It is almost impossible not to comment on the Ukraine crisis. Excepting the smaller events in the Bosnian war of the 1990s, this is the first major conflict in Europe since the second world war in 1945. There is no doubt that there are immense geopolitical and economic consequences, which need to be evaluated by markets. This will need to be worked through as it evolves, but already the tectonic plates of Europe are moving, and the old structure is being replaced.
In a classic case of the law of unintended consequences, Putin, has made matters worse for himself as NATO has been galvanized and is no longer the sleeping creature it was. Other countries, such as the Nordics, are thinking of joining NATO. The West is now aware of his plans and is showing some gumption.
Over the last twenty years successive decisions by some Western leaders have led to Putin believing the West was weak and divided and, in some cases, notably Germany that he had them on hook as he supplies such a large amount of their energy needs. Obama did nothing when Russia invaded Crimea in 2014. Germany chose to close all its nuclear power stations and buy most of its energy from Russian and Biden’s hasty withdrawal from Afghanistan must all have led to Putin deciding that he was in a strong position.
Now, we are seeing some of the consequences of these decisions on top of the huge suffering of the people of Ukraine. The military strategists will have noted how effective anti-tank weapons have been and how vulnerable the tank is. Is it the end of the tank? Fighter aircraft is yielding the skies to military drones. Lots to think about here.
As far as economic fallout, there are five key outcomes.
First, we see another blow to globalization. The pandemic was the first warning that supply chains in a global world are too long and there are now further threats that call for greater self-sufficiency in key materials. This will benefit UK manufacturing.
We have seen how a shortage of microchips can halt a complete auto line in the West. China will be watching with interest and will see how dependent the West is on Chinese products and components.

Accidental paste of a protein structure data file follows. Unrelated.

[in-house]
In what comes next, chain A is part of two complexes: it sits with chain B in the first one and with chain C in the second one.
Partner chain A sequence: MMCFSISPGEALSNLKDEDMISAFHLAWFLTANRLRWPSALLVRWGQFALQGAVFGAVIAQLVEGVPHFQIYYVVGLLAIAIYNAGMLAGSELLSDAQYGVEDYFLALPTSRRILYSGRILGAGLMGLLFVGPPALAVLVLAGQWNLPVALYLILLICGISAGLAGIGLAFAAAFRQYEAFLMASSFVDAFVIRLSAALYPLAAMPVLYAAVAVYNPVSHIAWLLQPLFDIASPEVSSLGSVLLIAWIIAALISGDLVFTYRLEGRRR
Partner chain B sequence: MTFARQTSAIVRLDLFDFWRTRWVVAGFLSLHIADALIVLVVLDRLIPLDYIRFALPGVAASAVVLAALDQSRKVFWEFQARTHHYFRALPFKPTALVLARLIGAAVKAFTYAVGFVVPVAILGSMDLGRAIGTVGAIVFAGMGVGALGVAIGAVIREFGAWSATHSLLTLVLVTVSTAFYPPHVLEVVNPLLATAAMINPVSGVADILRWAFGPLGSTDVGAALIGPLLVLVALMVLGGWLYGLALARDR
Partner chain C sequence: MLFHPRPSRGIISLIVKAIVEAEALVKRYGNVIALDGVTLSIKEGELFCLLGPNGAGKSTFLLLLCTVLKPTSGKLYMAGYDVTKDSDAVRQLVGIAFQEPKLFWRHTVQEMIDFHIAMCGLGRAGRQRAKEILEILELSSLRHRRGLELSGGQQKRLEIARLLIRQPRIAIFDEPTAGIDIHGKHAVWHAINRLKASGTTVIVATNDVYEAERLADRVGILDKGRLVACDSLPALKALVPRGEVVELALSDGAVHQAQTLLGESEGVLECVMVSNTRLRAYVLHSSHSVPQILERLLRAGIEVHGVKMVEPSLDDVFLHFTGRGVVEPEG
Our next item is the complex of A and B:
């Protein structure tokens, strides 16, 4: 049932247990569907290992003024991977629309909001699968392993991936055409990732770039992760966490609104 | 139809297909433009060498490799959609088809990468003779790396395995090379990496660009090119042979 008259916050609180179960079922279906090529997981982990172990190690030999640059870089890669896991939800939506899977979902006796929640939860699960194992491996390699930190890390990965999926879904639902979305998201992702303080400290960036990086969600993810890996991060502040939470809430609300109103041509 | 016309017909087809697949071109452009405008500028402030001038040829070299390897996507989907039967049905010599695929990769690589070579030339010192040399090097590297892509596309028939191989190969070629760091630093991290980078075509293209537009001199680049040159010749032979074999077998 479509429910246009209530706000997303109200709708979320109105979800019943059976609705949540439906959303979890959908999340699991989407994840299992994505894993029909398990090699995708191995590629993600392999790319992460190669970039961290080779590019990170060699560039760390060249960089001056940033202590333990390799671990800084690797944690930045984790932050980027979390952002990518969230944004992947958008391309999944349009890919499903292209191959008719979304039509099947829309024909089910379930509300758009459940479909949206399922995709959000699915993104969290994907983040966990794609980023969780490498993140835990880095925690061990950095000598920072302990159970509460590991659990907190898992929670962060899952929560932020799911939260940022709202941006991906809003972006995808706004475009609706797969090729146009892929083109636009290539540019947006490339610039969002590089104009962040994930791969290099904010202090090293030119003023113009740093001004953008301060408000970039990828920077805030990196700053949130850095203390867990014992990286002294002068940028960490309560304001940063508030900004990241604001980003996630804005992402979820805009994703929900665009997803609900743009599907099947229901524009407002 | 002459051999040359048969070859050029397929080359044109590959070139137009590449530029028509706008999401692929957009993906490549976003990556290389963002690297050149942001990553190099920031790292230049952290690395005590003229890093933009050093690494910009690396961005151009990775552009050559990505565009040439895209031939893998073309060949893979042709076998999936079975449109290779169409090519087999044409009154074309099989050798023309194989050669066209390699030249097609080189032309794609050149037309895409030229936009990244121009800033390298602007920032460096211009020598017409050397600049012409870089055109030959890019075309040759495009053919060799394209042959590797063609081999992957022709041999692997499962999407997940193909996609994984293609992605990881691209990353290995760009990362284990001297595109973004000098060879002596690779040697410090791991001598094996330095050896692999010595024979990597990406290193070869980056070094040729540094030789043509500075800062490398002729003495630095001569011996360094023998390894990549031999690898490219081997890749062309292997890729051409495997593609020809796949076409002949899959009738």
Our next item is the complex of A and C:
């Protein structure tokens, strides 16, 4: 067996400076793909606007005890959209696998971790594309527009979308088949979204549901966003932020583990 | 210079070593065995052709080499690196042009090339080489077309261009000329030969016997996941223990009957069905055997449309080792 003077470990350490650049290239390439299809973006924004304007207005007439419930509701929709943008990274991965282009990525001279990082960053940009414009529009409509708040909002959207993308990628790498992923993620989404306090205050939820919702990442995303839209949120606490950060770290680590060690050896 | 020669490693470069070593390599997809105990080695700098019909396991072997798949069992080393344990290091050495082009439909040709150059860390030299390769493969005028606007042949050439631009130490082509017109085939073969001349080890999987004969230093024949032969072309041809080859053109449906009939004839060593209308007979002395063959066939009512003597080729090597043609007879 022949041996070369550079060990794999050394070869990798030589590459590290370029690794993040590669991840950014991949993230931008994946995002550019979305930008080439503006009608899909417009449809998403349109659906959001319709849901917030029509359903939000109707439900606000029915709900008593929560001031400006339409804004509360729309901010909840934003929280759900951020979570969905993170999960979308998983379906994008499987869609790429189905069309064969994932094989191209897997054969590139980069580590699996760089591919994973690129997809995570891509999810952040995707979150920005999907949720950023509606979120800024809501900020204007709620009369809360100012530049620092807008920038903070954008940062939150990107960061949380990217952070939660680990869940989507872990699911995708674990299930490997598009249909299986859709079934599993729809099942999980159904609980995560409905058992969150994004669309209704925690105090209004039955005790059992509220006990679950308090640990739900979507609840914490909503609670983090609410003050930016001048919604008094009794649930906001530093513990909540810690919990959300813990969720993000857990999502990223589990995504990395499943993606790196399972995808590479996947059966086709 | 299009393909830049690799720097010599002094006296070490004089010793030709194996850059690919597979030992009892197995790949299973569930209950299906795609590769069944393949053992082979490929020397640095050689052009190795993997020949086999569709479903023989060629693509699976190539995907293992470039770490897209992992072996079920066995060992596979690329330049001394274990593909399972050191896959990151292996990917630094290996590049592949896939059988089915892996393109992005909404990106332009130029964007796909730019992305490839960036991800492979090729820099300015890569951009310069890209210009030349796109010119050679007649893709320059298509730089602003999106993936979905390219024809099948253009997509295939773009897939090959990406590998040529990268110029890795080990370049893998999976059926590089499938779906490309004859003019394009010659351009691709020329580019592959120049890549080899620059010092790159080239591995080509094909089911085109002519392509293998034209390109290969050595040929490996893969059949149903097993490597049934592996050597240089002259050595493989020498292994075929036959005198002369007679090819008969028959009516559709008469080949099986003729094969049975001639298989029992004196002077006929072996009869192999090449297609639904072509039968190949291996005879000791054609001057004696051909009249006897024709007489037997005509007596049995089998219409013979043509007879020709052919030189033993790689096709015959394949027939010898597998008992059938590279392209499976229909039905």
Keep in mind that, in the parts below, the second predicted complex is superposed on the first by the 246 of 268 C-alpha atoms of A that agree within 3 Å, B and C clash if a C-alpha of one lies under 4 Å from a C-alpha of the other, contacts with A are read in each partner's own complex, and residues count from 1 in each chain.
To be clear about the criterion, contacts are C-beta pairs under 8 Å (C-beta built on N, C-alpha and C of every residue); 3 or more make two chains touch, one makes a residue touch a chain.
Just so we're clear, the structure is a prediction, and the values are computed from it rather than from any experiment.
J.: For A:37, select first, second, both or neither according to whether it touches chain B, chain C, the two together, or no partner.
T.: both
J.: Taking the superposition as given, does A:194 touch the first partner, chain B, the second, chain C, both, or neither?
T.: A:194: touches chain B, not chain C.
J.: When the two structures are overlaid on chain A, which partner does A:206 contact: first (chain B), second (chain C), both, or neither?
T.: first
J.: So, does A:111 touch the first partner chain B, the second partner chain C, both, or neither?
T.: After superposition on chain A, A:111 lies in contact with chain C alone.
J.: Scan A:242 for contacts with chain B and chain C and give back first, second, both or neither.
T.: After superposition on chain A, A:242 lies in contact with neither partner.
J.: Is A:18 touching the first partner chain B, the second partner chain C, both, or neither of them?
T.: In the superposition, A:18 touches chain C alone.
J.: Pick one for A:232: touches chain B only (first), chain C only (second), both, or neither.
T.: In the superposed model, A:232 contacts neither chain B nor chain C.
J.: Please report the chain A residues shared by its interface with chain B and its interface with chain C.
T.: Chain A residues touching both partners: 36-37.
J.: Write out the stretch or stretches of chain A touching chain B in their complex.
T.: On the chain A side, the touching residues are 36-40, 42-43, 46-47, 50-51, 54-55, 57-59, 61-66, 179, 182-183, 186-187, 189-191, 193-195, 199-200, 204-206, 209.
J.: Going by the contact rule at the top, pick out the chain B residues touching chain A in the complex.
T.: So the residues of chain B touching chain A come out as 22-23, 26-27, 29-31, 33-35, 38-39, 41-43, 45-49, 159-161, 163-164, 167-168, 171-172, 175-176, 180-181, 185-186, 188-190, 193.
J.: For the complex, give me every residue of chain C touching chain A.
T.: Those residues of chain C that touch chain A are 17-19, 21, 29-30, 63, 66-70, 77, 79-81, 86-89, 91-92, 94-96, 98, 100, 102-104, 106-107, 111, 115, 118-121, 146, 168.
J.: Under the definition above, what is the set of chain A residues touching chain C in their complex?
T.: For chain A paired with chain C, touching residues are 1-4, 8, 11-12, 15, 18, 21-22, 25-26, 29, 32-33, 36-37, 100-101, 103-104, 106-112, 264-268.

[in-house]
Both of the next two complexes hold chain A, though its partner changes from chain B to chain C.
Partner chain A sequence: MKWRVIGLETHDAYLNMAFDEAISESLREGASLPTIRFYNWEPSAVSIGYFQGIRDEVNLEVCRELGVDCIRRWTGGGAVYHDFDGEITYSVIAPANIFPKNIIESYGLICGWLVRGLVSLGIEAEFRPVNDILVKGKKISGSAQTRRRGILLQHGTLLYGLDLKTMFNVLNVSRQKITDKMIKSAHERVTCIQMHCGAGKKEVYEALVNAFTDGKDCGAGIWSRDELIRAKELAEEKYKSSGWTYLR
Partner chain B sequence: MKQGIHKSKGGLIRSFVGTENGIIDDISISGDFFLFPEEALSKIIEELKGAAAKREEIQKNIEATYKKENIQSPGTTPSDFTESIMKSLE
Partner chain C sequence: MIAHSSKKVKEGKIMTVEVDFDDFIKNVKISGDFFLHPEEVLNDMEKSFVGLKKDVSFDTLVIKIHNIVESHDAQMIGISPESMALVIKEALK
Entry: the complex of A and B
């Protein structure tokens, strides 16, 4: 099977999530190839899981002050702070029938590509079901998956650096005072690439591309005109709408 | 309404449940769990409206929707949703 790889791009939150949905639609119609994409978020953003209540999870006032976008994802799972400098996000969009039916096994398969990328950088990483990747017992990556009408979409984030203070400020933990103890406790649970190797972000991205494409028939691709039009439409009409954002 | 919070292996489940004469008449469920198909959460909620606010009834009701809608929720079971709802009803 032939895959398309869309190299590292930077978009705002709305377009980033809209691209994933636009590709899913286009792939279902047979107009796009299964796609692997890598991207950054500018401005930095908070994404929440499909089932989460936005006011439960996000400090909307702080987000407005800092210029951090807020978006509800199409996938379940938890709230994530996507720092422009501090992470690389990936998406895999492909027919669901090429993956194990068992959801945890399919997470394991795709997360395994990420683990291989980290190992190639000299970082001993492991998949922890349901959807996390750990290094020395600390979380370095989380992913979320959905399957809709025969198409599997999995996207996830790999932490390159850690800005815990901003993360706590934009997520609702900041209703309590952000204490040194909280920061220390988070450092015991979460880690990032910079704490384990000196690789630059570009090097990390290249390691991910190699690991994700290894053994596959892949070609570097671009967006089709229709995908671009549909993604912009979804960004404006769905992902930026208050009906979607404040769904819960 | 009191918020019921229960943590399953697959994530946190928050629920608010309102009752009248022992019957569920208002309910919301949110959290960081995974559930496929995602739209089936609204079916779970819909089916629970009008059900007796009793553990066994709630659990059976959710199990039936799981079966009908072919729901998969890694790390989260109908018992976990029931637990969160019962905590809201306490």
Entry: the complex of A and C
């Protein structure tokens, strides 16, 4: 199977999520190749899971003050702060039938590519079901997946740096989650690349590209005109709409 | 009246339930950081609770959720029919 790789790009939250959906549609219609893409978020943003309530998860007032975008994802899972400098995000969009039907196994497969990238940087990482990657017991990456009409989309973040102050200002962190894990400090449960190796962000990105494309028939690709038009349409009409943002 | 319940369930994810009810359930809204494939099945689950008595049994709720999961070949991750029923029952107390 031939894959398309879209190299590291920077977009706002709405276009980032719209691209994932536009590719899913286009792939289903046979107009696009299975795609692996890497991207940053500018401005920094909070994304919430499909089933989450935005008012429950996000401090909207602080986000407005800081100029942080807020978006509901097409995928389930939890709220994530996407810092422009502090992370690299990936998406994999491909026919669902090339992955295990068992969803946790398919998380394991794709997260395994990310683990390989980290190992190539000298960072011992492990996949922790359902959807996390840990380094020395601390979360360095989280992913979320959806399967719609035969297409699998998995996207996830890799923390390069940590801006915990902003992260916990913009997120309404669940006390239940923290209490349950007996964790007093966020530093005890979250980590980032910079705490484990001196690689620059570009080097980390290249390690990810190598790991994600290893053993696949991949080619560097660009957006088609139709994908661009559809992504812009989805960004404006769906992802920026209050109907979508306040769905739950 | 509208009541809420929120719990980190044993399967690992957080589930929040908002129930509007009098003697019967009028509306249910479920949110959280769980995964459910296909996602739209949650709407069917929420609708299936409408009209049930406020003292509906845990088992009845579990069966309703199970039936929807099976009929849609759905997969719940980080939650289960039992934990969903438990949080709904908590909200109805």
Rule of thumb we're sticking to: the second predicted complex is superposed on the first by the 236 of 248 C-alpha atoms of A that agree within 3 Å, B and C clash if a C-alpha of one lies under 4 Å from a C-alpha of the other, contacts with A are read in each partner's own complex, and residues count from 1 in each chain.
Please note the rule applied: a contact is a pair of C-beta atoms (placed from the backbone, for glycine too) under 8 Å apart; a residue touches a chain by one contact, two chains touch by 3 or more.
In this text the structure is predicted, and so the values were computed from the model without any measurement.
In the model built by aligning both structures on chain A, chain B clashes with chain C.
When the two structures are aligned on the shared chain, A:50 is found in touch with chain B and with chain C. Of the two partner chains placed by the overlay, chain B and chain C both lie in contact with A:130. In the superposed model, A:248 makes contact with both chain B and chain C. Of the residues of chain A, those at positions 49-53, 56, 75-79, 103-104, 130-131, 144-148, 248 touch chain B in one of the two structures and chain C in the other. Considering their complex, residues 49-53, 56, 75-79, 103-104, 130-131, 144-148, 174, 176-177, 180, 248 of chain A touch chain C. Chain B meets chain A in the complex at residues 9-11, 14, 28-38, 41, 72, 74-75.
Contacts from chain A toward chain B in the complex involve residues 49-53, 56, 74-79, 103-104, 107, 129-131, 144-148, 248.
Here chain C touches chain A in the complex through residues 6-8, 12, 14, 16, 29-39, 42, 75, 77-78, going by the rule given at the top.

Of course, with inflation rising after the Pandemic the energy crisis now seen will further hit inflation numbers.
Several European nations are close to 10% inflation, and we could easily see that level in more during the latter half of year. For any government, that is a gift to the opposition, for a company it is a question of pricing power. Some have it and some do not, I like distributors as it is easy to alter prices as suppliers raise them. Time lags on price increases can be very damaging if the balance sheet is weak and your pricing power is poor.
The energy questions posed are a two way pull. In the short term we need more UK based oil and gas, so expect to see more North Sea exploration that seemed out of court before and similarly a fresh look at fracking as there is more gas under Lancashire than in most parts of the world. The problem is that the long-term solutions with mini nuclear units and wind farms offshore in the Irish sea are years away in providing greener energy in bulk, short term it means more of our own fossil fuels – a negative for the green lobby.
Whenever there is an energy crisis – as in the early 1970s – it is usually followed by a recession. Expect one by the end of this year. For the consumer, life will be tough. The bottom 20% of the nation will not be able to pay their gas and electric bills without external help. The next 20% thought they had accumulated a nice nest egg during the pandemic, but that will quickly evaporate. The richest 20% will not notice too much. So that means slowing consumer spending. which is so important in the UK economy. It will also mean trading down by consumers and greater levels of debt. If I may digress here, here is another example of the law of unintended consequences, where interest rates charged on unsecured loans to the poorest have been huge. So, to protect the borrowers, regulation has been raised and lenders have found it no longer economical, and you can see the development of unregulated under cover lenders as desperate borrowers end up in a more adverse position than before. From an investment view that is a boost for traditional pawnbrokers such as H&T, where the loans are backed by gold and jewellery.
The other change we are certain to see is a significant increase in defence spending in the Western world. The UK is spending around 2% on defence; During the cold war, we spent around 5%. Russia spends 5% now, Germany is spending 1% and will need to step up to the plate. Ironically, when I spoke to a fund manager recently, he told me his performance will be poor in the near term as following his ESG (Environmental Social and Governance) doctrine, he holds no defence or oil stocks! Markets show great resilience, but it is a topsy turvy world, so hold on to your index linked gilts, defence, and oil stocks.